Eating In or Out?
Recent Posts

Flippin' Monthly Archive

Like us on Facebook!

« Graffiato: Top Chef's Mike Isabella does Casual Italian in DC | Main | Foie Gras PB & J at Playground in Santa Ana »
Tuesday
Mar272012

Shakshuka

*Post by Angela.

Shakshuka!

I'm thinking of adopting this, the name of a traditional Israeli poached egg dish, as my battle cry (in the event that I ever finally go into food-related battle). I saw this recipe for shakshuka back in the spring of 2010, and just never got around to it. Then last fall, I spotted this fantastic-looking Indian-spiced version of the dish from one of my favorite food bloggers and dear friend Shulie over at Food Wanderings. Even then, it took me several months to work it into the dinner rotation, and now it’s taken up a permanent slot. This dish is the epitome of comforting and tasty, and is really cheap and relatively healthy as well.

 

 

Ingredients:
  • 1/4 cup olive oil
  • 3 jalapeños, stemmed, seeded, and finely chopped
  • 1 small yellow onion, chopped
  • 10 cloves garlic, minced
  • 1 tsp ground cumin
  • 1 tbsp paprika
  • 1 28-ounce can whole peeled tomatoes, undrained
  • Salt
  • 6 large eggs
  • 1/2 cup feta cheese, crumbled
  • 1 tbsp chopped parsley
  • Crusty bread (or pita bread)

First, I heated the oil in my cast-iron skillet over medium-high heat. It’s a 12-inch skillet, I think, which was just big enough – you need enough space so that each egg will have some room to spread out. I added the jalapeños and onion and cooked, stirring occasionally, until soft and golden brown, about 6-8 minutes. I threw in my mountain of garlic along with the cumin and paprika and cooked just a couple minutes more.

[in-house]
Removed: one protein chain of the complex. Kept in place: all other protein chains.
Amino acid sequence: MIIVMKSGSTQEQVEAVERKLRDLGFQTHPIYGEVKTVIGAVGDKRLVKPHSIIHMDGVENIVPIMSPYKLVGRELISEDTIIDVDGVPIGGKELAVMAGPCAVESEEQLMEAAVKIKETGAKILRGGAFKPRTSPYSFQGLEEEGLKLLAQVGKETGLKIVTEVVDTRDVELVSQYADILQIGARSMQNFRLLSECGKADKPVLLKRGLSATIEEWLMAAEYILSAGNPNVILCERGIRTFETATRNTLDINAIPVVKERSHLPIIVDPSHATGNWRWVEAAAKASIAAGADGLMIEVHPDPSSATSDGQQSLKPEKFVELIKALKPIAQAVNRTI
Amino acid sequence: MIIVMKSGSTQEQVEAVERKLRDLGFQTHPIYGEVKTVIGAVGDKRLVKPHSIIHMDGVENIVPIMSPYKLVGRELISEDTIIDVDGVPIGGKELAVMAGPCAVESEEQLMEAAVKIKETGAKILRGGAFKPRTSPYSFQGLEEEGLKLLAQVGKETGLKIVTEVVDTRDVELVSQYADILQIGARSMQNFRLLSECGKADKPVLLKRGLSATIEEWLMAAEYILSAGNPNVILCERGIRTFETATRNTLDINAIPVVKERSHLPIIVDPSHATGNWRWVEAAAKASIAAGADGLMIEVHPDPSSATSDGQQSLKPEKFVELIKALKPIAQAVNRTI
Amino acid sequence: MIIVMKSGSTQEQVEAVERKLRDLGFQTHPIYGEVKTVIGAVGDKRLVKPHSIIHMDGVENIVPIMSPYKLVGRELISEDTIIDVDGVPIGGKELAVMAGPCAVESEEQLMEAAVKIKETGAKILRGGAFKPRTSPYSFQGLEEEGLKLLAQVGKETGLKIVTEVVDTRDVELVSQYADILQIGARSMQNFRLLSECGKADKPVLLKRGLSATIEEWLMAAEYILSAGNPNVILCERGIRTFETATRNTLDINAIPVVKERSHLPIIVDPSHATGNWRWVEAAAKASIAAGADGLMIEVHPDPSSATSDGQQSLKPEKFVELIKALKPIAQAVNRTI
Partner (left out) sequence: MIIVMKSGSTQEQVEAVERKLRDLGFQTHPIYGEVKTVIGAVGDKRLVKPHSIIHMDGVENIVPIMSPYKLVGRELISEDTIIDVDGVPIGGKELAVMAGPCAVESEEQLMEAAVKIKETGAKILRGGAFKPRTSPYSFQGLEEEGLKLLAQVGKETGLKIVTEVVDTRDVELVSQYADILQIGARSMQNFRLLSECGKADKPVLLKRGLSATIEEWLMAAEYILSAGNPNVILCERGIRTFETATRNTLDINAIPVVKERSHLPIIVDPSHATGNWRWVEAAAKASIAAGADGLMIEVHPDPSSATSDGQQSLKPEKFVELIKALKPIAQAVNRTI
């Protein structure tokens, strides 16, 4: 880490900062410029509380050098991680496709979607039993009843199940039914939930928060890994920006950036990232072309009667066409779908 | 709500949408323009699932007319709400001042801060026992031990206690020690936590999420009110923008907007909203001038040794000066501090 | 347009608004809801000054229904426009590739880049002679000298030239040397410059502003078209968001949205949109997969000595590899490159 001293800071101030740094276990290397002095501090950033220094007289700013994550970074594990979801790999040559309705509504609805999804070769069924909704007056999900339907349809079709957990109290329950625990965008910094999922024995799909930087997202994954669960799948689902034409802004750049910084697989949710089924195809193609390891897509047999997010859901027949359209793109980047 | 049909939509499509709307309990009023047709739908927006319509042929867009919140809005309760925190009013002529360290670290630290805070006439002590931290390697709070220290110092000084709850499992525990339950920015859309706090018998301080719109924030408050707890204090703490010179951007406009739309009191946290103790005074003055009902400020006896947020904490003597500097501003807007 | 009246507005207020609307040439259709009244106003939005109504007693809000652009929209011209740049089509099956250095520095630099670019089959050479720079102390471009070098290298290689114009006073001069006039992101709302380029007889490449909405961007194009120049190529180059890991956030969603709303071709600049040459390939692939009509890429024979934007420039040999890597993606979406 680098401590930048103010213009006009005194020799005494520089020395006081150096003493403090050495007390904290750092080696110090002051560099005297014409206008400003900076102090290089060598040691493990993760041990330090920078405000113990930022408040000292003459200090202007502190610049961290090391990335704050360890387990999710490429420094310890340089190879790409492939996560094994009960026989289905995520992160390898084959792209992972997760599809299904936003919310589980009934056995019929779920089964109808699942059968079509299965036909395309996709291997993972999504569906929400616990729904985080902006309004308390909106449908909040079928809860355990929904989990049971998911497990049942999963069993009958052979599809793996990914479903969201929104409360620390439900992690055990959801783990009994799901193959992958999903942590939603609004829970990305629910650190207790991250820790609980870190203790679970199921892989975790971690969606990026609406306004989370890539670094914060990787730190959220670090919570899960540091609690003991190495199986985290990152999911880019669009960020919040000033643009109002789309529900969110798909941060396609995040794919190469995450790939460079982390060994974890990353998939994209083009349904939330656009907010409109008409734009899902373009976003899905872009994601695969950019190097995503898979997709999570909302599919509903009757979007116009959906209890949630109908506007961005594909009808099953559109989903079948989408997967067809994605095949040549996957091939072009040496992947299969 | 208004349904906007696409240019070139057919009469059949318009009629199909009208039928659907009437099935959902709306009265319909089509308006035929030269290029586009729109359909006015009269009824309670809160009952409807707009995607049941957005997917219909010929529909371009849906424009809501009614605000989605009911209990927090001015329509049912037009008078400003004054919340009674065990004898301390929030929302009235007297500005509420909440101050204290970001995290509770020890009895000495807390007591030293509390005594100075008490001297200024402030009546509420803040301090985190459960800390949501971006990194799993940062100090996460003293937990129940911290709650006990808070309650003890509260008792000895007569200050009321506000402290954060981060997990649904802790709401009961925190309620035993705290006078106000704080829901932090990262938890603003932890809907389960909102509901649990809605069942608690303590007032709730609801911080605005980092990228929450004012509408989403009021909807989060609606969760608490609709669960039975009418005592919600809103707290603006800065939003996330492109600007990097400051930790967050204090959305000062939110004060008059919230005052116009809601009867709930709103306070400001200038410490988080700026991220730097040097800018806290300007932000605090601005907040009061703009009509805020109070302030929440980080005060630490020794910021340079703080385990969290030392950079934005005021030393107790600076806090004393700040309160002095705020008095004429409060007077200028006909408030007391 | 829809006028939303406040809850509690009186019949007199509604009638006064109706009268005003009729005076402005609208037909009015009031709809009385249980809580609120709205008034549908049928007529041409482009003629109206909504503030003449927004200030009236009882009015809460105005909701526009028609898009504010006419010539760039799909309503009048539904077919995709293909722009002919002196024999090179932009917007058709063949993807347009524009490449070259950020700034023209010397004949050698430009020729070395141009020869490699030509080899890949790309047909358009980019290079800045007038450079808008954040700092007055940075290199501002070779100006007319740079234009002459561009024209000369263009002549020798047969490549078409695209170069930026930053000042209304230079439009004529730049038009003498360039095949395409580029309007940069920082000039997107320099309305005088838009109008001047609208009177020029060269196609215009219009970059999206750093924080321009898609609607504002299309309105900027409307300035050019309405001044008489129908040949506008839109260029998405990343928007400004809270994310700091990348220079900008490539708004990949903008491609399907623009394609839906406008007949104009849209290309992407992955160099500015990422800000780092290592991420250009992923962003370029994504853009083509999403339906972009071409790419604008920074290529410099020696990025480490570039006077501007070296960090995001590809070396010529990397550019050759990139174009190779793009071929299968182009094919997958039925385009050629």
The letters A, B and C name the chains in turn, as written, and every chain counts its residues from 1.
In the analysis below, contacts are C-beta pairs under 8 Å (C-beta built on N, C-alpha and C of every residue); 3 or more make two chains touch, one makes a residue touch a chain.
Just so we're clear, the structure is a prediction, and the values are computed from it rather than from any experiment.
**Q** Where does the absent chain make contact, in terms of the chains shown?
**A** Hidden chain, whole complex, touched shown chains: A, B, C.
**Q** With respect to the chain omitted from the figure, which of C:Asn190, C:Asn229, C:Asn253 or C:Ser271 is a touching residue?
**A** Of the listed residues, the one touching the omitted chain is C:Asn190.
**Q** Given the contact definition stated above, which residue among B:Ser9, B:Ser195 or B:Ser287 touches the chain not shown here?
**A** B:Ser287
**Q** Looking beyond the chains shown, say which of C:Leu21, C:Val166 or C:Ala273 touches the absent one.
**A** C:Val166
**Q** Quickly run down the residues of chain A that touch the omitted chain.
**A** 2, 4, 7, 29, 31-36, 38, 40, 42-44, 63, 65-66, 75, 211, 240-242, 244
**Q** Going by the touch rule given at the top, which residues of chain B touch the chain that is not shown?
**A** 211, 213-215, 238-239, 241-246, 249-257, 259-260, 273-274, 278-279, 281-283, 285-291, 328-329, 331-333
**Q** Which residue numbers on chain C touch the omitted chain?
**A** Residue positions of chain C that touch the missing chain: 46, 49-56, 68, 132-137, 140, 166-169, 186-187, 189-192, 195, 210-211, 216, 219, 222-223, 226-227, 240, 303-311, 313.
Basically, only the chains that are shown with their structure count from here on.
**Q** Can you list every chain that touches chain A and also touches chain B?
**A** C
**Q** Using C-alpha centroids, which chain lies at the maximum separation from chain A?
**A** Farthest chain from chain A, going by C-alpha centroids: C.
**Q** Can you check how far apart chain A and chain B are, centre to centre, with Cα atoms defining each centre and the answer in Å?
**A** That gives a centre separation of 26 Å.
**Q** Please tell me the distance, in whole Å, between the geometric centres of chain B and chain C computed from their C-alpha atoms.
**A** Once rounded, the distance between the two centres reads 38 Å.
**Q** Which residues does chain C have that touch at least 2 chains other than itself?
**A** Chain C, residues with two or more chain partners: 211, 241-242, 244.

I  dumped the can of tomatoes into a medium bowl and crushed them up with my hands, then added them (along with all the liquid) to skillet along with 1/2 cup of water. I brought it up to a boil, then reduced the heat to medium to simmer, stirring occasionally, until the sauce had thickened a little bit, about 15 minutes. At this point, I threw in a little salt to taste.

 

 

I carefully cracked the eggs over sauce, trying to make sure that they were evenly distributed across sauce’s surface. Keeping the sauce at a gentle simmer, I covered the skillet and cooked until the whites were just set, about 6-8 minutes. Then I sprinkled the shakshuka with feta and parsley.

 

 

To serve, I spooned the sauce and a couple of yolks over slices of warm crusty bread. The tomato sauce is fantastic, hearty and spicy, and the yolks are unsurprisingly delicious sopped up with bread. My only quibble?  Not enough. The next time I made shakshuka, I doubled the sauce. And we still managed to polish it off.

Shakshuka! A powerful weapon to have in your food arsenal, for sure.

 

 

Reader Comments (5)

Did you hear me bursting out in laughter?! Now the image of you in a food battle yelling Shakshuka is forever burnt in my mind! Gorgeous how the colors of your Shakshuka turned out. You make me proud!!

March 28, 2012 | Unregistered Commenterfoowanderings

Thanks, Shulie! And thank you so much for introducing me to the wonders of shakshuka. We've made it a couple more times since.

March 30, 2012 | Registered CommenterAngela

WOw, that looks so awesome. Nothing I like more than runny yolks on just about anything. Even on top of another runny yolk. Never had this must make

April 6, 2012 | Unregistered CommenterEvan

Can't tell if my last comment went through. This looks incredible. Thanks for sharing the recipe

April 6, 2012 | Unregistered Commenterdedc79

It is super awesome, Dan, and very easy. You should make it for your lady.

April 11, 2012 | Registered CommenterAngela

PostPost a New Comment

Enter your information below to add a new comment.

My response is on my own website »
Author Email (optional):
Author URL (optional):
Post:
 
Some HTML allowed: <a href="" title=""> <abbr title=""> <acronym title=""> <b> <blockquote cite=""> <code> <em> <i> <strike> <strong>